General Data Protection Regulation (GDPR): impact on e-commerce companies

In addition to the interest and concern generated by the new General Data Protection Regulation (GDPR), many of our clients request translations of texts and communications related to the GDPR. This is why I have decided to write this article, to try and clarify some points, but above all, to ensure transparent and efficient communication through specialised translations delivered by native speakers.

 

What is the GDPR?

The new General Data Protection Regulation (GDPR) comes into force on Friday 25 May 2018. Its main impact on companies is that we are moving from a model of recommendations or directives to a regulatory model that must be complied with by EU companies and bodies.

The new GDPR’s objective is to facilitate and enable users and citizens to control how companies or organisations use their personal data, taking into account the following rights for the key user:

  • Being informed about their information and how it is used
  • Being able to access their information
  • The ability to rectify their information
  • ‘Right to be forgotten’ or right to erasure
  • Limiting data processing for other purposes
  • Portability of their information from one platform to another

 

Who does it affect?

The new regulatory framework focuses on the citizens of the European Union. Therefore, it affects companies both in the European Union and in other countries that process data from people in the European Union.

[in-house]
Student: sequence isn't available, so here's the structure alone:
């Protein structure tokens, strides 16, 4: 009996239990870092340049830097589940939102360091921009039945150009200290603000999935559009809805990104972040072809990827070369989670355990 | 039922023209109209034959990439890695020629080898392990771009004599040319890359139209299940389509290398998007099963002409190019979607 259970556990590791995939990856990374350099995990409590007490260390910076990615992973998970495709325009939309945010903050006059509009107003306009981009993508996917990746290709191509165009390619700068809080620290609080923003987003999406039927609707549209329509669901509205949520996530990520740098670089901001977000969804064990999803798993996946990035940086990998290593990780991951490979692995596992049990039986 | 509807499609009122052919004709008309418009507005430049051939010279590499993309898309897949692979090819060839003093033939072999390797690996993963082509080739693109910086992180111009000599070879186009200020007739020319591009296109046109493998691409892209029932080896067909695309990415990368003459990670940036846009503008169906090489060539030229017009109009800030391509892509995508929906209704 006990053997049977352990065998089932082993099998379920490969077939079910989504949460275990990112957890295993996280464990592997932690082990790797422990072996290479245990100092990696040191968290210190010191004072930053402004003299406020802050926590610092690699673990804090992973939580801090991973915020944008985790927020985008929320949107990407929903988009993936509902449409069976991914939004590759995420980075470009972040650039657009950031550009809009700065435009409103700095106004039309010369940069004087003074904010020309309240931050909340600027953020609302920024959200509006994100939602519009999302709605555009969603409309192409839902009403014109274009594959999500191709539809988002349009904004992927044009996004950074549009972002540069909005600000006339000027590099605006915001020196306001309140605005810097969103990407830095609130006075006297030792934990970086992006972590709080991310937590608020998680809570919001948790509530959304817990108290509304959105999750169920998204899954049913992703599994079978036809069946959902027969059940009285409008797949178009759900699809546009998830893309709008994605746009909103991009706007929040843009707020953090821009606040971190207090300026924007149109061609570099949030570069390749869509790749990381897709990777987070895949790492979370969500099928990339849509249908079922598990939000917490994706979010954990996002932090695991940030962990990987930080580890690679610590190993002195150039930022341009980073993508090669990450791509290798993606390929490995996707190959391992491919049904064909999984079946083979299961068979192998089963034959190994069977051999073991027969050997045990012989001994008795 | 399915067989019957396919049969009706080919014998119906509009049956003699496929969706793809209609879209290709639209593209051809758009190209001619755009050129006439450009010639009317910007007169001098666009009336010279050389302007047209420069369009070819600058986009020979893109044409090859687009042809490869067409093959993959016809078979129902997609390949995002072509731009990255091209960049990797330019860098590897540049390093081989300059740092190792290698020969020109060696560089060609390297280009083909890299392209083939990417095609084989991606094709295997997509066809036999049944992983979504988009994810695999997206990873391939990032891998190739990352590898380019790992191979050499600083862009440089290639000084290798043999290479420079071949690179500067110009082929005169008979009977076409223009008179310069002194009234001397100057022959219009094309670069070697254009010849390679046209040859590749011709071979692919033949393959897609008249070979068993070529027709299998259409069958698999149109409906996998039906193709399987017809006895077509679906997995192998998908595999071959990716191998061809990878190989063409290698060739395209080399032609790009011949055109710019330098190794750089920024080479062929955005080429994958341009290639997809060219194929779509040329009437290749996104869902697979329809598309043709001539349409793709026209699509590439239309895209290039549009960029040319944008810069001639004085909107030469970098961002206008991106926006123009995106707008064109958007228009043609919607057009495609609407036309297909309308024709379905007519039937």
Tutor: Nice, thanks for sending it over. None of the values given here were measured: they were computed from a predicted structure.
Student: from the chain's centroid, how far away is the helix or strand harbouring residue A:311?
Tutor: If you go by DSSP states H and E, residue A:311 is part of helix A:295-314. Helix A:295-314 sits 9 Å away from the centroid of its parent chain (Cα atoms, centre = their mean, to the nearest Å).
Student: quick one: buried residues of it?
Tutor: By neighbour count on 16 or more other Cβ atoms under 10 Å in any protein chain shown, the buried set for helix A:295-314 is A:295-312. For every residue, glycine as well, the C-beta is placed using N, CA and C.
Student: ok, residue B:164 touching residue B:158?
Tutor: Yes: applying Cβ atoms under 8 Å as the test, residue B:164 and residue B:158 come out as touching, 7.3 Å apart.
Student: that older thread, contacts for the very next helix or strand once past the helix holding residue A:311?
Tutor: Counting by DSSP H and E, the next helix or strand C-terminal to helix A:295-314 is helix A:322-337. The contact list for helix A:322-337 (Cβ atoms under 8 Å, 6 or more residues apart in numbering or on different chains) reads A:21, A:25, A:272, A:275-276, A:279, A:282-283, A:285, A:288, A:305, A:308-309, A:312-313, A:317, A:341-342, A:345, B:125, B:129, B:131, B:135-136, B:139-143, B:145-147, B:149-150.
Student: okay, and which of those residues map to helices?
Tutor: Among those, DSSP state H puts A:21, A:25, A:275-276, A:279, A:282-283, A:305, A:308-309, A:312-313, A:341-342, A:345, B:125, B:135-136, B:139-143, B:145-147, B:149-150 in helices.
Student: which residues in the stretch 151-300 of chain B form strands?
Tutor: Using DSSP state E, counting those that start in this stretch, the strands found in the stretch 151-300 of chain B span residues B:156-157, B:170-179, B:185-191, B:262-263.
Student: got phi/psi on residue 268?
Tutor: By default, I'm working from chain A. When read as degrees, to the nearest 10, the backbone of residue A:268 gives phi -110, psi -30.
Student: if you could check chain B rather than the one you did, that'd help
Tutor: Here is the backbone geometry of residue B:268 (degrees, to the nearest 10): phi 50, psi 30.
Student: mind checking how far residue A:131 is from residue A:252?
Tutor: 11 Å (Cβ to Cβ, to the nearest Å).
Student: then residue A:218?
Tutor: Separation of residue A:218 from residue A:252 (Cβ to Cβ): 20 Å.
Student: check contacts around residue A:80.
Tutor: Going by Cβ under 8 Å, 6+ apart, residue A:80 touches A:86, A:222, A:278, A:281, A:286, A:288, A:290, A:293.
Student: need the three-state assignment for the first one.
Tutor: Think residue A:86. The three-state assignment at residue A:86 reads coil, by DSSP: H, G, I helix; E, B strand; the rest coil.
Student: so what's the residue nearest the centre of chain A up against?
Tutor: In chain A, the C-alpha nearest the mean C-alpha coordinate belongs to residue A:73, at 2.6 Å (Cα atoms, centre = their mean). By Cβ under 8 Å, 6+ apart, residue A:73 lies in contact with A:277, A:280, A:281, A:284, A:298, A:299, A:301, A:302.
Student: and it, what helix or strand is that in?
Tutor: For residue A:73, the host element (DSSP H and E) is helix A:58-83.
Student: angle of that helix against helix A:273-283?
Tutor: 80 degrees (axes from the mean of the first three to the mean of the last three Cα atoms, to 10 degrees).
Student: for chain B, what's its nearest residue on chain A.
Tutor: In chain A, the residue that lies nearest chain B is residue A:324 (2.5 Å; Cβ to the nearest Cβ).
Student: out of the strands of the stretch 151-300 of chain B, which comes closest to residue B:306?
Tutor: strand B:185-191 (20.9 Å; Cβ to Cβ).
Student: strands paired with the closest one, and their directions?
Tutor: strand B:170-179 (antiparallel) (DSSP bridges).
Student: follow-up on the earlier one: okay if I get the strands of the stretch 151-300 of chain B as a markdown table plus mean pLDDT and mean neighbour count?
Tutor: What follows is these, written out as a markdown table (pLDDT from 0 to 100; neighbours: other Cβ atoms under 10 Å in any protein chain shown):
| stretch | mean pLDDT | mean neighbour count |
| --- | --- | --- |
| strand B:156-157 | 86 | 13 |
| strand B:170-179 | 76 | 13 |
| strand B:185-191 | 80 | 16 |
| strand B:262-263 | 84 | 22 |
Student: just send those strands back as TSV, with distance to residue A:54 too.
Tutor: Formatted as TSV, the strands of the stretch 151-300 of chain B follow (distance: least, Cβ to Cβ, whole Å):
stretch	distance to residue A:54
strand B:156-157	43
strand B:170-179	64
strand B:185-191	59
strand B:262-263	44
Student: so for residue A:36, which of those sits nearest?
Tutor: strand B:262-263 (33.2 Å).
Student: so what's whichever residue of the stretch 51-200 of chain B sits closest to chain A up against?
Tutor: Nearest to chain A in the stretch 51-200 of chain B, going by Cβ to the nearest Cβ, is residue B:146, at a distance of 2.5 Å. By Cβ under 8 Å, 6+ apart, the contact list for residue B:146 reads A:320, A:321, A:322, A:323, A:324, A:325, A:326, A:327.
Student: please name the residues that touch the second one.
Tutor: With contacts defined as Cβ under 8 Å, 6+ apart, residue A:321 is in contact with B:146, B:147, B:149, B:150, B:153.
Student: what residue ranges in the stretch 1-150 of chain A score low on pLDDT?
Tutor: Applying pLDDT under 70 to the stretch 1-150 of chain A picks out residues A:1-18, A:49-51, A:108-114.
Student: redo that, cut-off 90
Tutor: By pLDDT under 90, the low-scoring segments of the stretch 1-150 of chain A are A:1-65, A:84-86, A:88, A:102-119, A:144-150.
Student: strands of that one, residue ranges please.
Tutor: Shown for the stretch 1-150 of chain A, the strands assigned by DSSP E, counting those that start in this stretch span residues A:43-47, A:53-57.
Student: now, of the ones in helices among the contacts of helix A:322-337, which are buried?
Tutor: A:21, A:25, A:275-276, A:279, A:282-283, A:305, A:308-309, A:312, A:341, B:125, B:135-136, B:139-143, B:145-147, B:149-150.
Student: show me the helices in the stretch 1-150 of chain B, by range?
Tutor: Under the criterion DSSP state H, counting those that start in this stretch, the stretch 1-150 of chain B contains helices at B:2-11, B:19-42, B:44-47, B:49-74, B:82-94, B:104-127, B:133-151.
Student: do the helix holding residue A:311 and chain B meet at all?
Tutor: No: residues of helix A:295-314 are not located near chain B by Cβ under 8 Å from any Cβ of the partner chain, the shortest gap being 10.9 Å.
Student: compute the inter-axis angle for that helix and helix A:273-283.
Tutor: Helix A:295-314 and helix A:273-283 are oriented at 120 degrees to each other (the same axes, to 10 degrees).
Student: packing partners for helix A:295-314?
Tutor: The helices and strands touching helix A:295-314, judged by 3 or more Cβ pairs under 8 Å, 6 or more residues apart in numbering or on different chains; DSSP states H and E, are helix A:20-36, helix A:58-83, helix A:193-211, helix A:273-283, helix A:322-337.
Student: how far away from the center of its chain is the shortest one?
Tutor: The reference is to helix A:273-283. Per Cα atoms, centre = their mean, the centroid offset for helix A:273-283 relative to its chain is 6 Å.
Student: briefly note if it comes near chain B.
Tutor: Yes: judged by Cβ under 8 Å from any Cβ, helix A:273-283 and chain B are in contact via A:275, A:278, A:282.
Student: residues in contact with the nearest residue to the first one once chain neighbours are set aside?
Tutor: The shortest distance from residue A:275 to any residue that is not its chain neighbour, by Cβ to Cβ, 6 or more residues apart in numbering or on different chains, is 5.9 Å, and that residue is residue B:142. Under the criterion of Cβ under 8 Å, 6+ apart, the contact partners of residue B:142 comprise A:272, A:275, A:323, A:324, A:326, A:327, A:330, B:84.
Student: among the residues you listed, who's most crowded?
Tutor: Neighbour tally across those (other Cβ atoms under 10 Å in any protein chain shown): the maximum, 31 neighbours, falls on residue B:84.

This means that e-commerce companies, which in many cases operate in international markets, are significantly affected. That is to say, that a company outside the European Union (USA, China, etc.) must also comply with GDPR.

Also, it is important to note that this new regulation affects both large companies, such as Amazon, Google, etc., and small businesses.

 

What is happening?

Companies must adjust to this new regulatory framework, and many of them have chosen to renew their terms, conditions and privacy policies for their users or customers.

As a result, users and citizens are receiving many messages from businesses to inform them about the new law.

This situation is confusing users for three main reasons:

  • Misinformation on behalf of bodies or companies
  • Lack of knowledge on the law on behalf of users
  • Complexity of the law from a legal point of view

Apart from this confusion, we must add that many messages reach the users in languages other than their mother tongue. This increases the users’ doubts and reluctance to accept the new conditions, with the consequent future impact on companies from the perspective of communication, marketing and sales.

 

How can we improve the GDPR adjustment process?

Excellent communication with users is essential for success and compliance with the GDPR. Also worth mentioning is the fact that the new regulatory framework applies to the entire European Union and it is therefore essential to translate messages, privacy policies, terms and conditions, contract formalisation, personal data management systems, etc.

In order to ensure the quality of this communication in other languages, it is important to have translations carried out by professional translators who are native speakers of the target language and specialists in the field of GDPR.

 

 

At blarlo  we are already helping our customers in their adjustment to the new regulation, since we have translators who specialise in GDPR. Would you like to adjust your e-commerce company to the GDPR? Don’t hesitate to contact us. We would be delighted to help you out!

 

 

 

 

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